Find Your Tribe

How do you, as a young, new comer contribute to an organization that has been working on complex environmental issues for 50 years and is already staffed by intelligent, dedicated and creative people? This is what I’ve been asking myself since starting this internship. I still don’t know if I have a full answer, but I’ve definitely been doing what I can to help with the issues EDF is trying to address. 

At first I was nervous about the prospect of working at a desk in an office all summer but I’ve found it to be more rewarding than expected. My work as a Peace Corps Volunteer involved a lot of on the ground, hands on work with local fishermen. This was an invaluable experience to help influence my current research based office work. My work now involves looking at global scale issues and attempting to solve them on various levels from an outsider’s perspective. How do you do this? Top-down? Bottom-up? With local fishermen? Through political officials? With capacity building? With information dissemination? The answer, all of the above. This is an aspect of EDF that I really admire. They try to work in all of these realms and bring people together to create solutions that will work for those most affected. For example, ensuring sustainable fisheries for subsistence fishers off the coasts of developing nations. Of course it’s not perfect and they’re always revising, but they are very conscientious of their work and how it is effecting real-world people, which I think, is one of the most important aspects of conservation work.

Using priority mapping to target the most important behaviors to address.

Trying to visualize Blue Swimmer Crab data.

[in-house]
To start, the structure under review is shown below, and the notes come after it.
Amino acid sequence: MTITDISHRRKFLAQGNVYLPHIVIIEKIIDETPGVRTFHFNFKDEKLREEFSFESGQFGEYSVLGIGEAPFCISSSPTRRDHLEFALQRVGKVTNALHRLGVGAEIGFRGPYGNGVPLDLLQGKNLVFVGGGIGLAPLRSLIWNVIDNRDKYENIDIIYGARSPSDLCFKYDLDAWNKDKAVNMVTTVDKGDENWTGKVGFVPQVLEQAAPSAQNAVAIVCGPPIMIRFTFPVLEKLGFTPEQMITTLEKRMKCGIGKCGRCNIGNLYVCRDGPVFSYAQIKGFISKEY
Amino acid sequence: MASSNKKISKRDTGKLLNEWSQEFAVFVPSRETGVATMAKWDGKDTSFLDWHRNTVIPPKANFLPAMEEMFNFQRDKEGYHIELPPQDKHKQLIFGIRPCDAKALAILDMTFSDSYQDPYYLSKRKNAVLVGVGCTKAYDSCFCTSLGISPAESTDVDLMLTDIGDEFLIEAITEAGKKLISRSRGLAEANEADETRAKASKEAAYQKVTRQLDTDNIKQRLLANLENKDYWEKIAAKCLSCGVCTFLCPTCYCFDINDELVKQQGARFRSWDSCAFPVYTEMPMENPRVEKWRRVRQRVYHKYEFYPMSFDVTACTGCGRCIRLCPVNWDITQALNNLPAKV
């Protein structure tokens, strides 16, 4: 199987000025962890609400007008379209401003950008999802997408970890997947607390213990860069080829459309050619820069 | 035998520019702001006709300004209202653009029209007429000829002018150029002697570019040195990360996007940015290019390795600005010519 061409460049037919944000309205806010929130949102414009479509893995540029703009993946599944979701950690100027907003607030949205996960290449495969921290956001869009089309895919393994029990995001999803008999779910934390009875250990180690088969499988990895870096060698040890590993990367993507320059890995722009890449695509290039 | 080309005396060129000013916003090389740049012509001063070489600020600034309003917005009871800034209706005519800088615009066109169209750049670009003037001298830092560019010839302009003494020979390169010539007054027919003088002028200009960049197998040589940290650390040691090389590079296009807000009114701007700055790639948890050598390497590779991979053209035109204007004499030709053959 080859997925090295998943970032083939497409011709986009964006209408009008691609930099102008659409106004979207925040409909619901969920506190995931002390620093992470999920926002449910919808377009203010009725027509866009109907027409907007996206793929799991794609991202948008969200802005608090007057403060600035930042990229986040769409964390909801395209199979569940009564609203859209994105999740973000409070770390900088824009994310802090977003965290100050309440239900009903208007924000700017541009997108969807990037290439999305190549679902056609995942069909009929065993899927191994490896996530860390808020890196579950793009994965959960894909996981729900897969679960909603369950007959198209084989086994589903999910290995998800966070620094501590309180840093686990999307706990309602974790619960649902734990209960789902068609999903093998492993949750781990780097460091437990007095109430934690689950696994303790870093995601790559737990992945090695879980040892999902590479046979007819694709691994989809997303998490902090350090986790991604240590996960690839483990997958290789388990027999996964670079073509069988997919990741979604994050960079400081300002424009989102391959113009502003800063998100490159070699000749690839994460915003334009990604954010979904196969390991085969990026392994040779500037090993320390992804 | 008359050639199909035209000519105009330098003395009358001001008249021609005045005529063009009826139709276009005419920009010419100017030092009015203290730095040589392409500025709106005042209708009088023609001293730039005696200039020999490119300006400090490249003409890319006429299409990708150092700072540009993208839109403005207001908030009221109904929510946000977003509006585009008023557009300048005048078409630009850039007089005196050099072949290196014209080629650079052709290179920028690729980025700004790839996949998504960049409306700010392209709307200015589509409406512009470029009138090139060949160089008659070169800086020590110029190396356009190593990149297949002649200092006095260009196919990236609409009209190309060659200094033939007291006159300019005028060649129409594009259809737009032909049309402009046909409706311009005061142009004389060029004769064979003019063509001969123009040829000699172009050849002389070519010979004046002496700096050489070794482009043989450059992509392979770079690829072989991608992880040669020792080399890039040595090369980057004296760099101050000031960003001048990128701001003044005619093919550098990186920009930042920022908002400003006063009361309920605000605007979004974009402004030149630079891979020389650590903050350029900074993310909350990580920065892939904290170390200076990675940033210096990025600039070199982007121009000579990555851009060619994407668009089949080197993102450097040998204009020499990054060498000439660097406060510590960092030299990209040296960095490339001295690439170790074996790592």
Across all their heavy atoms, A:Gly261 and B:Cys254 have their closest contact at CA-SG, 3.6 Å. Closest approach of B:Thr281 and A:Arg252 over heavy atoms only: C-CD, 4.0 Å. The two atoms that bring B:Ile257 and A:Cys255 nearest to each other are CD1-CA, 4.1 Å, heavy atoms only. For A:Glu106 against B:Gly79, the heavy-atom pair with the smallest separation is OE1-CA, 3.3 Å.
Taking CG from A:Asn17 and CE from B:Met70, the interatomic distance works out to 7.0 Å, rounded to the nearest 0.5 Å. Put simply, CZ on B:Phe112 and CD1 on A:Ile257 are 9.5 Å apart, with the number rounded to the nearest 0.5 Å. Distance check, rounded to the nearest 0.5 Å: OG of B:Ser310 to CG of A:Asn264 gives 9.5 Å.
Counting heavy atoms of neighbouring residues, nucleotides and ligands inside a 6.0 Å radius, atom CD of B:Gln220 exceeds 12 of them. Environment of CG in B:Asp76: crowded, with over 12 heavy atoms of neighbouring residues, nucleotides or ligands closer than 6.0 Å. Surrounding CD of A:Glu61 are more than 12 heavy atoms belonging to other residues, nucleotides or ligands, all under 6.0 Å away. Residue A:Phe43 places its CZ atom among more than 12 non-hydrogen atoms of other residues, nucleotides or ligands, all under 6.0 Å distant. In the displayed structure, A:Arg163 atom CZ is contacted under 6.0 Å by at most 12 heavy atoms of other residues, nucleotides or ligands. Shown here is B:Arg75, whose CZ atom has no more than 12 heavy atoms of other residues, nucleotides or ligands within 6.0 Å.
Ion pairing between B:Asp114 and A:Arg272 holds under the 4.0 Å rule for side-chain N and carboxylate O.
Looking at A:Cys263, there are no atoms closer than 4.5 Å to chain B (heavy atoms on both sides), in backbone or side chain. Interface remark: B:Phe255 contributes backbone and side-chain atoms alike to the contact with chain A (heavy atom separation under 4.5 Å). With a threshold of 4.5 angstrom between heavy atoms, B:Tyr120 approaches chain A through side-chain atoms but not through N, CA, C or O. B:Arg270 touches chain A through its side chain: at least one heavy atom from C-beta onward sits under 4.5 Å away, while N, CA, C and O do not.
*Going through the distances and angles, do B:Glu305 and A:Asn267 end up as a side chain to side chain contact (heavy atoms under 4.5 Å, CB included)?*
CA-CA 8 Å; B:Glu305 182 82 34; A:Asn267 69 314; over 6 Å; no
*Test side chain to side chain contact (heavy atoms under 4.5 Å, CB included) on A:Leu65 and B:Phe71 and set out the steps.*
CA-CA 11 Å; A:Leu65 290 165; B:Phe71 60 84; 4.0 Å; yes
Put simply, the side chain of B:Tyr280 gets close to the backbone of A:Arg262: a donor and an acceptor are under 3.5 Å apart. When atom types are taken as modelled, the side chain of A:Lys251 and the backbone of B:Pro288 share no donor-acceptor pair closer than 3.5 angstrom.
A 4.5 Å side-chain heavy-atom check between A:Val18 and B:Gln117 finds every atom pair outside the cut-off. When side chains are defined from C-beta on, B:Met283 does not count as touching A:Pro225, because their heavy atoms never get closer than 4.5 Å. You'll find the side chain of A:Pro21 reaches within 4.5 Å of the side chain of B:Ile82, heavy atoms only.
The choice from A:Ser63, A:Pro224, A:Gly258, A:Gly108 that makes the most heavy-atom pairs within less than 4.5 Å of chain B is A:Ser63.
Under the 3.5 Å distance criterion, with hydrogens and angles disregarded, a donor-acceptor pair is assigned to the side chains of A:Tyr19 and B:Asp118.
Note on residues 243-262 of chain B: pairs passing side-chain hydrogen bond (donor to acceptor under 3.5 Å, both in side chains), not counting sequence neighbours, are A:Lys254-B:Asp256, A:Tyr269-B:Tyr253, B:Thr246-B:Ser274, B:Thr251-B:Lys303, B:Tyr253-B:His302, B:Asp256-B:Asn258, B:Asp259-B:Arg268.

So what have I contributed? A few things so far. A restocking pros, cons and best practices memo for the team in Indonesia as they work on revitalizing their fishing grounds. As well as helping to translate science into digestible visuals for the fishermen in Indonesia concerning migration patterns of Blue Swimmer Crab. They will be using this information during workshops in the coming week to help make decisions ensuring the continued success of their fishery. I’m also working on a paper that will help EDF find gaps in current initiatives tackling IUU (illegal, unregulated and unreported) fishing and identify where their efforts might be best placed to help address such a massive scale issue. Finally, I am building off the work of a previous intern, Megan, to look at how behavioral intervention can be used in conjunction with other measures to create more sustainable fisheries. Megan’s paper helped provide EDF with an overview of behavioral science and how it might be used in the creation of sustainable fisheries. I will be diving deeper to target some specific behaviors and create actual interventions that can be tested in the field. I may be working at a desk this summer but I’m happy to know my work is landing in the hands of those who can best use it in the field.

Finally, a word on my new tribe. One EDF Oceans staff member (who recently left for a new position) described her connection with the people here as a tribe, and I think I have to agree with her. A tribe is composed of people who have similar passions and desires to take action. I’m proud to be a part of this tribe, even if for a short time, and I hope to keep some of these members in my tribe for life!

I may only have two weeks left but I’ve already learned so much and there’s still a lot to do. Wish me luck on the completion of all of my projects!

Mom visiting for my birthday!

Hiking for charity with some of the tribe members. Elizabeth, Me, Scott, Scott (yes there’s two), Carlito, Roger (the puppy).

One Friday we spent outside picnicking rather than in the office working. Time well spent in my opinion.

Staff picnicking in Oakland. What a beautiful day!

I even introduced some of the interns to Monterey! Me and Abhinav (an ecosystems intern) at Point Lobos.

Me and Elizabeth (a clean energy intern) at Point Lobos.

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